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Postby leon_heller » Wed Mar 24, 2010 12:55 pm

uart.h seemed to be missing when I tried to build the examples.
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Woody
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Postby Woody » Wed Mar 24, 2010 4:20 pm

leon_heller wrote:uart.h seemed to be missing when I tried to build the examples.
It's there in module_uart.1v0/src/uart.h

Did you follow the instructions for importing it into XDE? This is in the README file. You need to make sure you tick all the checkboxes when you import the project.
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leon_heller
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Postby leon_heller » Wed Mar 24, 2010 4:54 pm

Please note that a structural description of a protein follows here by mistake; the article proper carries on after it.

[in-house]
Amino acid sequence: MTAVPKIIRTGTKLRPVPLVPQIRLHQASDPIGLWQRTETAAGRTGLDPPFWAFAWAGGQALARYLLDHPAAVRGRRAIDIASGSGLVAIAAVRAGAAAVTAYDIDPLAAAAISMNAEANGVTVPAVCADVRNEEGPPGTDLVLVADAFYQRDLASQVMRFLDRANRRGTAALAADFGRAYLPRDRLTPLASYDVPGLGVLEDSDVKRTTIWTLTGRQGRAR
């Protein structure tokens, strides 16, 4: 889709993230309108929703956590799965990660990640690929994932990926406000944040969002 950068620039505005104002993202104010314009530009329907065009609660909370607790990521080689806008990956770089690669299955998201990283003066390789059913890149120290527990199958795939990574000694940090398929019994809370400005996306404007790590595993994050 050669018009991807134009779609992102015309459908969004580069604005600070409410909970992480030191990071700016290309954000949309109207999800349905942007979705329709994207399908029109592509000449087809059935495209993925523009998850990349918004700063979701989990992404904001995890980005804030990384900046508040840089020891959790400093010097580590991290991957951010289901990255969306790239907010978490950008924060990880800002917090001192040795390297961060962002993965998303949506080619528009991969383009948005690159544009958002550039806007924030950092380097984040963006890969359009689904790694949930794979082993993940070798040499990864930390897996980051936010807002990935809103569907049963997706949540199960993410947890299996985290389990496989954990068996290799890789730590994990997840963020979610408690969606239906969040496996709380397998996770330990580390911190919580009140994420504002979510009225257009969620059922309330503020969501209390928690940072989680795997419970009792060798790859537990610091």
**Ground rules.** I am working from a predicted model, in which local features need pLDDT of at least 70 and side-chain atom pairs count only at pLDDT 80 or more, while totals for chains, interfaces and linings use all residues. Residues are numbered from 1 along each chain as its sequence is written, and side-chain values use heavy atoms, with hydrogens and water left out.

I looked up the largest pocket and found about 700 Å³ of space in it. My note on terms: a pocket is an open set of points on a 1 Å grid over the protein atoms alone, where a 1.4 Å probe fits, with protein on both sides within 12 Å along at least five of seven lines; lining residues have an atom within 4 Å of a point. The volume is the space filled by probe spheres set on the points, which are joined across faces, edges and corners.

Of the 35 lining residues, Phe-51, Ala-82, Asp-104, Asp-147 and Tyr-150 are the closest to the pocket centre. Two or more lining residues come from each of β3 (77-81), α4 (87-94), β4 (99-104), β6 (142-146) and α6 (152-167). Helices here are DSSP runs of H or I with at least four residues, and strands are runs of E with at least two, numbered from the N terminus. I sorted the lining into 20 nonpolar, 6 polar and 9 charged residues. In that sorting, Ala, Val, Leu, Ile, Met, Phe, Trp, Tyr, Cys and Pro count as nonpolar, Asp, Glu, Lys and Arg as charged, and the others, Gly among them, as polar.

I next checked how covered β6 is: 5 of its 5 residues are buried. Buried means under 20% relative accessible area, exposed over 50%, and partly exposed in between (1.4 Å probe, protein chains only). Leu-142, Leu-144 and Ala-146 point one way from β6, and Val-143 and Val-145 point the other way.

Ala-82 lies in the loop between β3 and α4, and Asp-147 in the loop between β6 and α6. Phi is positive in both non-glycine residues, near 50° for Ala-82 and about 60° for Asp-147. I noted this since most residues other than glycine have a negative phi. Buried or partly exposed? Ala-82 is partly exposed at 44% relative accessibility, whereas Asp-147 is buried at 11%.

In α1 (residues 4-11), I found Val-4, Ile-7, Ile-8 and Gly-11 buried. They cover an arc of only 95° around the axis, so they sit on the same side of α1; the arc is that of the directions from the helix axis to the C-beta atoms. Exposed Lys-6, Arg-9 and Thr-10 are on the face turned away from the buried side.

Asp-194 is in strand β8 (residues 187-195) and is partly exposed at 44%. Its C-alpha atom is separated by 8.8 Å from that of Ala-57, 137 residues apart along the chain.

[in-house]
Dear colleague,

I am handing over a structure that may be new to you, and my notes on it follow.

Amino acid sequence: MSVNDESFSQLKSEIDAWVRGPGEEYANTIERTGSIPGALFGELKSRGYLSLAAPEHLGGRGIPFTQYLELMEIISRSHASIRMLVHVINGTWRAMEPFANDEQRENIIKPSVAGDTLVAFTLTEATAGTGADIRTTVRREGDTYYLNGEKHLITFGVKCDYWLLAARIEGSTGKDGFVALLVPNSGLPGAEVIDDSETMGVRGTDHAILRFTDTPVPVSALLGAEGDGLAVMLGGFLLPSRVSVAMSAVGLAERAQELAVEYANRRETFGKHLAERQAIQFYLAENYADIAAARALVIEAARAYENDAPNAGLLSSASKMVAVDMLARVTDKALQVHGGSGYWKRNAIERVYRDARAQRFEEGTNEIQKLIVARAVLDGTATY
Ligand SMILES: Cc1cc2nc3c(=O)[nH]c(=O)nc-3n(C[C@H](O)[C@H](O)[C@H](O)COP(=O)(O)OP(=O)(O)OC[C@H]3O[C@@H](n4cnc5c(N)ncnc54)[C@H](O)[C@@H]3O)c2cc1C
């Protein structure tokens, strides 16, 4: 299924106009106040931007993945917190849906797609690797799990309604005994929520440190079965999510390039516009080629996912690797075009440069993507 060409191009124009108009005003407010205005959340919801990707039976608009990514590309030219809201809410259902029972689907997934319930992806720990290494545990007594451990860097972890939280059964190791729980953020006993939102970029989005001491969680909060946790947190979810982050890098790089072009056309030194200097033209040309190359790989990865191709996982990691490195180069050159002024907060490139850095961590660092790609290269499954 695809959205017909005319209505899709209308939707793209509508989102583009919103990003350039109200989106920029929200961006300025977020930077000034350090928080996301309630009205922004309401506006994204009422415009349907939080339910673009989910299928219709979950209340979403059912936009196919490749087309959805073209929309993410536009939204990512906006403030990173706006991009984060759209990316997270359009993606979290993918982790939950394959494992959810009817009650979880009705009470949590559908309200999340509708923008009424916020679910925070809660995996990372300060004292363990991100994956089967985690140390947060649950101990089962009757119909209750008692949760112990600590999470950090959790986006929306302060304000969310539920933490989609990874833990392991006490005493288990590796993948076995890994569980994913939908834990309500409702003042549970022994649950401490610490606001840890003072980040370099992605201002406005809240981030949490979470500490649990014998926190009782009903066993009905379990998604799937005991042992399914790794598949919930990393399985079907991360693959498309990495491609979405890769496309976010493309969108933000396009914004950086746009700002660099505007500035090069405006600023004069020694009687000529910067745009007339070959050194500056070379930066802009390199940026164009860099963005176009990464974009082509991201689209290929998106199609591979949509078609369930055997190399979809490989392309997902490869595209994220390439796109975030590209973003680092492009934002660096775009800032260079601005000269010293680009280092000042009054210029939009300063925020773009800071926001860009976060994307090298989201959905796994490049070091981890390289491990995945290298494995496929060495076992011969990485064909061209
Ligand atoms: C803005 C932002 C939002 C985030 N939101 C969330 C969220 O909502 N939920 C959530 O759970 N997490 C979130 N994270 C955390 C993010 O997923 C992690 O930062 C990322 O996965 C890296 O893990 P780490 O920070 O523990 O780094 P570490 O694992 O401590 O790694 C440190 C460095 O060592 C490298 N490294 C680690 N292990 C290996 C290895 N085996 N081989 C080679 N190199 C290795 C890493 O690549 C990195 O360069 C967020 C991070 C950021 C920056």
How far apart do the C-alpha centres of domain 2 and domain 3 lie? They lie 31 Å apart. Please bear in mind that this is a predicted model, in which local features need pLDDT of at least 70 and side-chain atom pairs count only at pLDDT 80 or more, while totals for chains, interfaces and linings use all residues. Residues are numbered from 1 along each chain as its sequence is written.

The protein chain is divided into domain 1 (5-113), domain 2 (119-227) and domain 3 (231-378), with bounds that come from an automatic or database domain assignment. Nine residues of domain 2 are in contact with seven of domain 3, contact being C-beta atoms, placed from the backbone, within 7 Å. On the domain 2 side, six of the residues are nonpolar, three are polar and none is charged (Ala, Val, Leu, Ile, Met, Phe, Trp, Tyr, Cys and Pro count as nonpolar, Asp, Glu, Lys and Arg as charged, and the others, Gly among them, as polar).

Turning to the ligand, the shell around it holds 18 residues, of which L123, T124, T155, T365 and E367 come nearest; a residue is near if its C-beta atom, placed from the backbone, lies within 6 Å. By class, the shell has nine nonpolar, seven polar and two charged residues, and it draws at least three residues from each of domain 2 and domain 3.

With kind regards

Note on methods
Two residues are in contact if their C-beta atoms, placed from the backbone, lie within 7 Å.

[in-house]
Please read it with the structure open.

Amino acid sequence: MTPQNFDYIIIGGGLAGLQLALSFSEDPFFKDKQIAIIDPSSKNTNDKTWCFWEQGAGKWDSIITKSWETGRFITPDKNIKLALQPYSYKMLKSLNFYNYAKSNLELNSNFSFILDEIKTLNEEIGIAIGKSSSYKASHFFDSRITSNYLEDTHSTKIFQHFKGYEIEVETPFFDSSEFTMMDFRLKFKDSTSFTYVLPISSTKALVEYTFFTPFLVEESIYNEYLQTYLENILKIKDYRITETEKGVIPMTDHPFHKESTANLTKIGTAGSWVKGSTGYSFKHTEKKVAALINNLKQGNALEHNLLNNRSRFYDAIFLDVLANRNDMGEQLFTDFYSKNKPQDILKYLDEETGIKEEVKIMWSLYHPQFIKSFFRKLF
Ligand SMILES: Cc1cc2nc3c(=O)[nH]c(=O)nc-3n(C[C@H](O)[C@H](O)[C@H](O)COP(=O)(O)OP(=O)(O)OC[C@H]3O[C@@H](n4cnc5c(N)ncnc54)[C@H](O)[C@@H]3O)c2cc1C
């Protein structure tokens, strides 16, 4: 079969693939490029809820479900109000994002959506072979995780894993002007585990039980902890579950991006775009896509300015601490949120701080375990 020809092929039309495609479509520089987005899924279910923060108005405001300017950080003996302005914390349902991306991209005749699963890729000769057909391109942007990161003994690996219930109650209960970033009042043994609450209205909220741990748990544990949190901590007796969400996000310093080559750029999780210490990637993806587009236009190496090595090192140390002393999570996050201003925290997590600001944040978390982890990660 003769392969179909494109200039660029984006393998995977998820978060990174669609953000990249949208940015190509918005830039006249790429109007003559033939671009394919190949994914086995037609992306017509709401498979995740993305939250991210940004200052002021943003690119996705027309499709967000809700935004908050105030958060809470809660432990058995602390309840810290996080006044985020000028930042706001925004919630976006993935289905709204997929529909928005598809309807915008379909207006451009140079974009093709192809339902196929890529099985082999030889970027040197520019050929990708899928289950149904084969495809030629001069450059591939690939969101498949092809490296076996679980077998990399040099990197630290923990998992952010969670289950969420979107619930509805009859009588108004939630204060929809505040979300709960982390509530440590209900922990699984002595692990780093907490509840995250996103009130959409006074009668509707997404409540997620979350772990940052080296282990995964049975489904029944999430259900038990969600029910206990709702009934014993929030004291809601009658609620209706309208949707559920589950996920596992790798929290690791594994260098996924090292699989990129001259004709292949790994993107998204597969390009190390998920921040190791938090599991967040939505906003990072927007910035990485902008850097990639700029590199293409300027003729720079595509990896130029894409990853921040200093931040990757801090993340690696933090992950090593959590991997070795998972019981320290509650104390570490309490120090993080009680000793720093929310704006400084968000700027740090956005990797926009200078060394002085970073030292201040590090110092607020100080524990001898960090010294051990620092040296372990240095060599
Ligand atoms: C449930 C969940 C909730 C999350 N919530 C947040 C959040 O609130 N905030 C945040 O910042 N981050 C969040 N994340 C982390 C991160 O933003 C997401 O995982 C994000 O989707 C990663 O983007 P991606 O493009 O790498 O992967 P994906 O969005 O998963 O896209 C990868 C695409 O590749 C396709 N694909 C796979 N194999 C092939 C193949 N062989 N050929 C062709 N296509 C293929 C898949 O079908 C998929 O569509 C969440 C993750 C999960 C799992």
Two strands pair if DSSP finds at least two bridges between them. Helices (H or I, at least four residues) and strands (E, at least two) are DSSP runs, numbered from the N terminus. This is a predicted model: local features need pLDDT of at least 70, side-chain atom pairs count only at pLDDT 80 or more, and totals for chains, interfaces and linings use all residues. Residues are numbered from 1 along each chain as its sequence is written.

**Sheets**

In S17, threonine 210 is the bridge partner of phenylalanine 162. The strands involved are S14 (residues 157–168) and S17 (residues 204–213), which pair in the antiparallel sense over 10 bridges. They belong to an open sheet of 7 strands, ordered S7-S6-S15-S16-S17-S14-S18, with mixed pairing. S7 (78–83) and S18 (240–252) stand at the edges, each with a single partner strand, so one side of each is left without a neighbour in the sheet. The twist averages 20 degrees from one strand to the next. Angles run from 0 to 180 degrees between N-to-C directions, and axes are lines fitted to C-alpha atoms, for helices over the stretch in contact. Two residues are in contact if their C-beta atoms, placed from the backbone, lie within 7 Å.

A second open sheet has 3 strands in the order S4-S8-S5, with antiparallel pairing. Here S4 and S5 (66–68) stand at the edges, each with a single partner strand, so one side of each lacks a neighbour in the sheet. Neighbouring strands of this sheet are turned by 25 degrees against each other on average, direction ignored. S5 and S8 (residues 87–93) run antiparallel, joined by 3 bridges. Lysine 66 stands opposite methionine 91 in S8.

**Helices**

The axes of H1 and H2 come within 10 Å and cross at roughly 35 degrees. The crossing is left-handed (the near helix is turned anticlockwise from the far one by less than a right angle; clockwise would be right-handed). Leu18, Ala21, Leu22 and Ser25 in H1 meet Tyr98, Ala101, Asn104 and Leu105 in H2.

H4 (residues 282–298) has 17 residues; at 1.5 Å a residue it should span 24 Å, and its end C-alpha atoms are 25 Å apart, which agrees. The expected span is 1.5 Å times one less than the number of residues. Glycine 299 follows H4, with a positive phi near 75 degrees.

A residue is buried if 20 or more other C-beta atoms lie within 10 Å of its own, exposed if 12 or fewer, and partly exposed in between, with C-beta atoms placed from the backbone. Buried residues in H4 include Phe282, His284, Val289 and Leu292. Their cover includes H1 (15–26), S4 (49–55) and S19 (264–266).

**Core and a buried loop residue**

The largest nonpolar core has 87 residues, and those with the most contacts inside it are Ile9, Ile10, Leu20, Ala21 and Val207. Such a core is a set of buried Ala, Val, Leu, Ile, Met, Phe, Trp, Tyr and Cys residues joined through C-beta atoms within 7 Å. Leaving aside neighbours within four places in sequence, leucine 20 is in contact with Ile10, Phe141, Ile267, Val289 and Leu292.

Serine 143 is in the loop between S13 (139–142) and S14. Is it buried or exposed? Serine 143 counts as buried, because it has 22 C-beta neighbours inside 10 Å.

Thanks. I imported it incorrectly, it's OK now.
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ahenshaw
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Postby ahenshaw » Thu Mar 25, 2010 7:21 pm

Something weird is happening. I've taken the one-thread uart code, written some convenience functions, and put it with the following code

Code: Select all

#include <platform.h>
#include "uartlib.h"

on stdcore[0]: port term_port_rx = PORT_UART_RX;
on stdcore[0]: port term_port_tx = PORT_UART_TX;


void Status(chanend fromTerminal, chanend toTerminal)
{
	// example application
	chputs(toTerminal, "\n\rHello World!\n\r");
	for(int i=0; i < 1000000; i++){
		if (!(i%10000)) {
			chputi(toTerminal, i);
			chputs(toTerminal, "\n\r");
		}
	}
}

int main(void) {
  chan toTerm;
  chan fromTerm;
  par {
    on stdcore[0]: uartHandler(toTerm, fromTerm, term_port_tx,  term_port_rx, 38400);